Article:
The University of Central Florida is one of only two universities in the nation to land a federal grant that could revolutionize the technology used to run power plants.
The U.S. Department of Energy awarded UCF mechanical and aerospace engineering assistant professor Subith Vasu $1.1 million to investigate how power plants might be able to abandon the use of water to generate energy from steam and instead use supercritical CO2, a fluid state of carbon dioxide.
Supercritical carbon dioxide is an attractive alternative to government agencies and private companies for several reasons. If the technology can be developed to make the switch, it could mean less use of water – a natural resource in short supply in some parts of the nation. Commercial companies are also interested because supercritical CO2 is more efficient at transporting heat – a key principle, which power plants use to generate energy. Better efficiency equals less cost and potentially a bigger profit margin. In addition, it is possible to reduce the size of power-generating turbines by using sCO2 instead of steam. Using sCO2 as a working fluid enables carbon capture and storage) in certain cycle systems. In those systems, the power plant exhaust CO2 is stored underground instead of released into the atmosphere.
Georgia Tech was the only other university to earn money from the Department of Energy’s University Turbine System Research Program for research in this field.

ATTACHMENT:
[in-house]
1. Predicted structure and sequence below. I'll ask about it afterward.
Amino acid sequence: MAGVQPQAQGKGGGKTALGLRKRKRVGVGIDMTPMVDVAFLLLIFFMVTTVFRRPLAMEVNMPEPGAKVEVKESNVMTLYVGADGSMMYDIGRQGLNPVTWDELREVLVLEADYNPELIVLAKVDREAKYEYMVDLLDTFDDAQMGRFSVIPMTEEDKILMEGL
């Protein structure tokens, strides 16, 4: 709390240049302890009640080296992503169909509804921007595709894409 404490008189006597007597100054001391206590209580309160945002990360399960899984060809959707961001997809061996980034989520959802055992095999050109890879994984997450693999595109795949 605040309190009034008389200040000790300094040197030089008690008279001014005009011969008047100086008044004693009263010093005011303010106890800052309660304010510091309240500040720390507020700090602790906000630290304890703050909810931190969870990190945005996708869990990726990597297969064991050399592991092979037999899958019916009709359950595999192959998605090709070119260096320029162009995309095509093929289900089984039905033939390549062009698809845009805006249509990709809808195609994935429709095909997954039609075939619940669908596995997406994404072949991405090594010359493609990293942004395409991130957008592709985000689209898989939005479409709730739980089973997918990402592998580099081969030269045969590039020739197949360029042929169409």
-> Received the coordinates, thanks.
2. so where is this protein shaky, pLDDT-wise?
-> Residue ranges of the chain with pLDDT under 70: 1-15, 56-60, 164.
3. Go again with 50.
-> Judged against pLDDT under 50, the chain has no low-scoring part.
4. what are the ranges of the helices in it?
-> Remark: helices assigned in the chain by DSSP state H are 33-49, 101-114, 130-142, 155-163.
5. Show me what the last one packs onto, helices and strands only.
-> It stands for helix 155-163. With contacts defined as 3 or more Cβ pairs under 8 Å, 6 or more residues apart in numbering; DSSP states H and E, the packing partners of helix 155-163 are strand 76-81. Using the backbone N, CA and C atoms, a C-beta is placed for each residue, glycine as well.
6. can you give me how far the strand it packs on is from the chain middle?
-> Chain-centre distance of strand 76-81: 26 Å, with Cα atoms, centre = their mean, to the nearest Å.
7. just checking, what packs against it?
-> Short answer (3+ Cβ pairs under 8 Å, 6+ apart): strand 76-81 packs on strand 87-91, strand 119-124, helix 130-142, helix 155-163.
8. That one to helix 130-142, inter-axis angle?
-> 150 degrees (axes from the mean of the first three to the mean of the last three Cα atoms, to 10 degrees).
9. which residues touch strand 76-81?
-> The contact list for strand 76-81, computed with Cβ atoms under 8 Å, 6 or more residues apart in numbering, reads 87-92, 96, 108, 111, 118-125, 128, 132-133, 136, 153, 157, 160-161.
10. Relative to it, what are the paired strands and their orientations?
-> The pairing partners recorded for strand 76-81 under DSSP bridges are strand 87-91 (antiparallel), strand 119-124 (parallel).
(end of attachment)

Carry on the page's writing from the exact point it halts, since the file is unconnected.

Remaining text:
“There are not many universities conducting research in this area and we already have a head start in the world,” Vasu said. “We’re working diligently on turbine technology and Florida is a major hub for the industry. Our goal is to maximize power-generation efficiency, reduce emissions, and become leaders in this area.”
Siemens, Alstom, General Electric, Pratt & Whitney, and Mitsubishi Hitachi Power Systems among others are the key players in the industry, and UCF works with most of them on ongoing research through its Center for Advanced Turbomachinery and Energy Research. The center in the College of Engineering and Computer Science is headed by professor Jayanta Kapat.
Vasu is using the grant to develop a combustion computer model for the design of combustors, where fuel is burned at power plants. The model will provide insights into the processes that occur during the burning stage. Once a model is verified, he and his team will disseminate this tool to industry so they can design optimum sCO2 combustors.
Vasu’s broad areas of expertise include alternative fuels for propulsion and internal combustion engines, shock wave physics, laser diagnostics and sensor technology. He has a Ph.D. in mechanical engineering from Stanford University and has published multiple papers in each of his areas of expertise. He is also working with several international researchers on a variety of research aimed at everything from helping improve the efficiency of airplane engines to developing sensitive sensors that can detect toxic chemicals aboard commercial spacecraft.
Vasu’s team includes about a dozen graduate students including Owen Pryor who is working on this project. There are also several undergraduate students, many of whom have interned for engineering and space companies such as Space X, Siemens and others. His former graduate students are employed by major gas turbine companies.